In the embodiment at present preferred, the arrangement illustrated in FIG. 3 is used. In this arrangement the control voltage 30, obtained by a reference source, is compared in a level comparator 31, with the output voltage from an analog-to-digital converter 32 which will be better described later on.
When no level equality exists between the two voltages, the output from level comparator 31 is a control voltage which enables the passage, through the gate circuit 33 of the pulses generated by a clock generator 34.
These pulses from clock generator 34 are counted by a digital counter 37 and originate, through digital-to-analog converter 32, a stepped voltage ramp on line 35 which controls both the actuation of the control devices (for instance the Varicap diodes) and the operation of the gate circuit 33 through the level comparator 31. Finally from the output 36 of the system, a number expressed in binary terms is obtained which corresponds to the control voltage which is intended to be memorized.
In order to obtain the memorization of the digital parameter corresponding to the tuning voltage it is possible to have recourse to one of the several means well known in the present art. For instance: a digital number can be transferred into a serial memory register (shift register) wherefrom it is possible to obtain then the transfer to a digital counter allowing the memorized number to be utilized, and the number to be re-written in the memory shift register.
Another system can be that of using random access memories (RAM). By the large integrations of the logic functions on a single chip, it is possible to have memories capable of storing a large amount of binary information. By way of example, considering the frequency bands most commonly used in motor car radios, namely the Medium Wave and the Frequency Modulation bands, a 10 bit digital number results in a frequency error of 1.7 KHz in the Medium Wave band, and of 49 KHz in the Frequency Modulation band, namely a precision of the system comparable to, if not better than, that of a mechanical keyboard. It is evident that by the use of memories capable of storing a greater number of bits, the precision will remarkably increase until extremely precise values are obtained. The arrangement according to this invention which uses one of the aforesaid systems, needs to permanently maintain the power supply connected to the memory circuit, as the data must remain stored even when the receiver is off, but due to the low power absorption of the cited device, this constitutes no problem. Alternatively it is possible to take into consideration the use of the "EAROM" electrically alterable memories which from the functional standpoint have the characteristic of storing a data even in the absence of the power supply, but have no difference with respect to the simpler and less expensive conventional RAM memories. Summarizing, by having recourse to one of the cited systems it is possible to obtain a permanent memorization of the tuning data and due to the specific characteristic of the above cited devices, it is possible to obtain also the restitution at will of the memorized datum.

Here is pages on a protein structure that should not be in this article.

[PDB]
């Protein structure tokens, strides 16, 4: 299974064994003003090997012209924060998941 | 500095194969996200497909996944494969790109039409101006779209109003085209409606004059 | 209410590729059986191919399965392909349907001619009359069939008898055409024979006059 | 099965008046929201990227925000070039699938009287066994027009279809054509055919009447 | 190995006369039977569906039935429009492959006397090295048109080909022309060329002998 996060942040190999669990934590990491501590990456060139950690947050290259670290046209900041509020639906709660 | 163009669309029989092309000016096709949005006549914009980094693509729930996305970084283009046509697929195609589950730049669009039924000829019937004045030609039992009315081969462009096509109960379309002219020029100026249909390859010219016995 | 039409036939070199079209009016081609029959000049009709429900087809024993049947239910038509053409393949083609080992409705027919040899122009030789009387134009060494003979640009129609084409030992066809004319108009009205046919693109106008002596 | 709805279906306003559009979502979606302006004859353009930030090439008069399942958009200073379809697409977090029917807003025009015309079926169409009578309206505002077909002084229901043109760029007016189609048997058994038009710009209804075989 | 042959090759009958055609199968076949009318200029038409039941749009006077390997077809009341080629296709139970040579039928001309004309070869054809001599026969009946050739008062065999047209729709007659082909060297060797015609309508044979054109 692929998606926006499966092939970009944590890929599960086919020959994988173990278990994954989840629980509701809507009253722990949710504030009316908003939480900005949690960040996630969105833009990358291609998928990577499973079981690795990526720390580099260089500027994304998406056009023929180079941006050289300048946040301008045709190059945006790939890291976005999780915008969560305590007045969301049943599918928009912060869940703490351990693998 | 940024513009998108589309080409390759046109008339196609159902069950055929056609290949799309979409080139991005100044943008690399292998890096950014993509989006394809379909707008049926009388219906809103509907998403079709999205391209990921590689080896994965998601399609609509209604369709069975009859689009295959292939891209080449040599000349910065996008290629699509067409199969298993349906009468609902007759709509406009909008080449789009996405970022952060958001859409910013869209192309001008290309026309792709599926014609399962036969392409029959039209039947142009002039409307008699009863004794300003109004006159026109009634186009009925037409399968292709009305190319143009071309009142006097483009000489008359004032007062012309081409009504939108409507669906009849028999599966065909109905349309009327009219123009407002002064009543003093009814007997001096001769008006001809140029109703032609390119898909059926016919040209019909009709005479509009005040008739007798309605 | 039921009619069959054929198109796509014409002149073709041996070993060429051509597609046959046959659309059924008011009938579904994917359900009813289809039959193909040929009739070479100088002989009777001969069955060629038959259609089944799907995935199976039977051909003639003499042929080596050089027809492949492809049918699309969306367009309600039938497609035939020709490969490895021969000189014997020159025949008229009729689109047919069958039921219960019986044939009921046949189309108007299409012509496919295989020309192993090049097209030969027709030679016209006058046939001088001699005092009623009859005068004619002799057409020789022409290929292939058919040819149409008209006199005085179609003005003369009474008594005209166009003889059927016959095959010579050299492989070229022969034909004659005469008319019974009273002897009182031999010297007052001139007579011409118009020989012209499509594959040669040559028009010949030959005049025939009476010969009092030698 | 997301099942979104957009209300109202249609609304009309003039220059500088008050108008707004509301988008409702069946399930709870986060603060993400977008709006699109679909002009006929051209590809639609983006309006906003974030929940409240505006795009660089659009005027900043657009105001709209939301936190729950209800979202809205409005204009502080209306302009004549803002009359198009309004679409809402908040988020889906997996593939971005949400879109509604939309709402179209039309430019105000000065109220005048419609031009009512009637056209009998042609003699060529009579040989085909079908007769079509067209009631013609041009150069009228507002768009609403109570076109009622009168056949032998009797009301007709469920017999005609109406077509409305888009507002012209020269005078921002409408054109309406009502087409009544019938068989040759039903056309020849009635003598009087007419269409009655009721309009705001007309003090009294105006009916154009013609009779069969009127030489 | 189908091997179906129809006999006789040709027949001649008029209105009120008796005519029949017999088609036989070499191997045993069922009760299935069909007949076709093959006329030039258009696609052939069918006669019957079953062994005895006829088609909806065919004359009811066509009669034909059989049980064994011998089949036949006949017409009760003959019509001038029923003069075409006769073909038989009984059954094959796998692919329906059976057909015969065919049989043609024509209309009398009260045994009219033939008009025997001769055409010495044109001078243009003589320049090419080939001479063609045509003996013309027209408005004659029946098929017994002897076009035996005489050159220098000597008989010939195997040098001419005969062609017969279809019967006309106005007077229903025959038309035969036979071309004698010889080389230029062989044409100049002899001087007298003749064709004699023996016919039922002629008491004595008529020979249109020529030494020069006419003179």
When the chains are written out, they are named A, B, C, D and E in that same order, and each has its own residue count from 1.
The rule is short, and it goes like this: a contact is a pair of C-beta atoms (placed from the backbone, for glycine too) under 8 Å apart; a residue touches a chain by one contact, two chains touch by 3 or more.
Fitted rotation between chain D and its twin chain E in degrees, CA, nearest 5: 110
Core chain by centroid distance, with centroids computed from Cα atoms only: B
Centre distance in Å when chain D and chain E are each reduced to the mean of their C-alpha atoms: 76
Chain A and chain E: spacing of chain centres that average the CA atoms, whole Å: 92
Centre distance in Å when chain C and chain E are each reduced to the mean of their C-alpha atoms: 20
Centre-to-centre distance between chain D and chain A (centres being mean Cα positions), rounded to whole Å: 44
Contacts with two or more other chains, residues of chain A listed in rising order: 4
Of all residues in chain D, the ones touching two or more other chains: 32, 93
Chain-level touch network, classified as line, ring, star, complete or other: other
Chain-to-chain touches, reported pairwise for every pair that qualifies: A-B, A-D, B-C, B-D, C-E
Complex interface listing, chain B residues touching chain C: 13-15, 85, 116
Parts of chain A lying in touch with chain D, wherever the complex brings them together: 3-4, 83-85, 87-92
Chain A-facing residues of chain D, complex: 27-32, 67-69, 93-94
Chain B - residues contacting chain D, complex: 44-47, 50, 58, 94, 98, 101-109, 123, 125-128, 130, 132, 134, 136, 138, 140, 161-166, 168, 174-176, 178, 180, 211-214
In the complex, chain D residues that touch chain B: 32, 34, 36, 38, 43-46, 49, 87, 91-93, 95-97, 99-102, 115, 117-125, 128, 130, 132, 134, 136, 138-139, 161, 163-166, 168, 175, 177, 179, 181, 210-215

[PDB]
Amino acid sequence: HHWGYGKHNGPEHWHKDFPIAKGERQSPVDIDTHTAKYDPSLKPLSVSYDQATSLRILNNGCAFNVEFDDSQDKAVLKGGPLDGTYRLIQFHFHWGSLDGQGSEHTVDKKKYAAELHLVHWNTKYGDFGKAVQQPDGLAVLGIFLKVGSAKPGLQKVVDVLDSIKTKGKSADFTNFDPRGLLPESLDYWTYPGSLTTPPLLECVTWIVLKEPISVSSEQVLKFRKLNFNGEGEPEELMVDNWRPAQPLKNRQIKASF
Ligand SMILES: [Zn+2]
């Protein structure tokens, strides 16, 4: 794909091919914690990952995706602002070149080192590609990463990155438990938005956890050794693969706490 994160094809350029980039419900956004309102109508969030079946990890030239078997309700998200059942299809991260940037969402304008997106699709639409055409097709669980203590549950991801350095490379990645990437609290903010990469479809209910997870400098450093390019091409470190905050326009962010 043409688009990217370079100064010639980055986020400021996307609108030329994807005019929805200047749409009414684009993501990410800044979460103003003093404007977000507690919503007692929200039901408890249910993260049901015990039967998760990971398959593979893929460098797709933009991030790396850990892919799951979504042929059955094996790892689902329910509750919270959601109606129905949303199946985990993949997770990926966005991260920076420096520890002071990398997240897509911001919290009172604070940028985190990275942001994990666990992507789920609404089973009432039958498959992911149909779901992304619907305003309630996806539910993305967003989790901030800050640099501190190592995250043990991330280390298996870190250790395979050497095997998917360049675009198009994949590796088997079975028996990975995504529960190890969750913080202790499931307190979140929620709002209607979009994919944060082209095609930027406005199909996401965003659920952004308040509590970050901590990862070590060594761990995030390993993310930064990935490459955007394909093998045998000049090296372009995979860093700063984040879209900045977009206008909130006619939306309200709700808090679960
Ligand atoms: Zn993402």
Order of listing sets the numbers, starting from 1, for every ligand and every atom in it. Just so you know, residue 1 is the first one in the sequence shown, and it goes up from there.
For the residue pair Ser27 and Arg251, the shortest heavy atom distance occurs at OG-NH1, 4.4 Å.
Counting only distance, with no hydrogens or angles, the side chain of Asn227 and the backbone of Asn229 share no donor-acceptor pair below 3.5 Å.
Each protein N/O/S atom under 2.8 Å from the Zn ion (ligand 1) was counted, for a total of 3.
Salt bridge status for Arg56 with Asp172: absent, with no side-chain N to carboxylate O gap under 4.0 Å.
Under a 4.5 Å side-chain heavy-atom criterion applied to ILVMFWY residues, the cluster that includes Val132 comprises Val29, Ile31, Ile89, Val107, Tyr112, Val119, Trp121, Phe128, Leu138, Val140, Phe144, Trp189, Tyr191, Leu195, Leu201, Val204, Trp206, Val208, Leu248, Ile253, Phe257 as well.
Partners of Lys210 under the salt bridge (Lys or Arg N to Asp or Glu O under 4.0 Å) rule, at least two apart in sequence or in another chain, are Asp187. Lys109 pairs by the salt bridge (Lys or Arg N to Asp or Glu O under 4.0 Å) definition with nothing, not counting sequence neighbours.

Also the transformation of a digital number into an analog parameter is obtained by means known in the art. Particularly, suitable integrated circuits exist effecting said operations, or more simply it is possible to have recourse to a "weighing" system, by means of calibrated resistances of the "R-2R" type, of the digital parameter directly obtained by the memory.
By using one of these systems it is thus possible to pass from a digital number to a d.c. voltage allowing the control to be carried out, and therefore in the case of a radio-receiver, the adjustment of the tuning Varicap diodes so as to listen again to the memorized broadcasting radio stations.
It is not intended to describe in detail the means allowing the control of the device, forming the subject matter of this invention, to be obtained, as several solutions are possible, easily accessible to a person skilled in the art. The selection is the consequence of an appraisal of the economical and functional parameters, specific to the single solutions.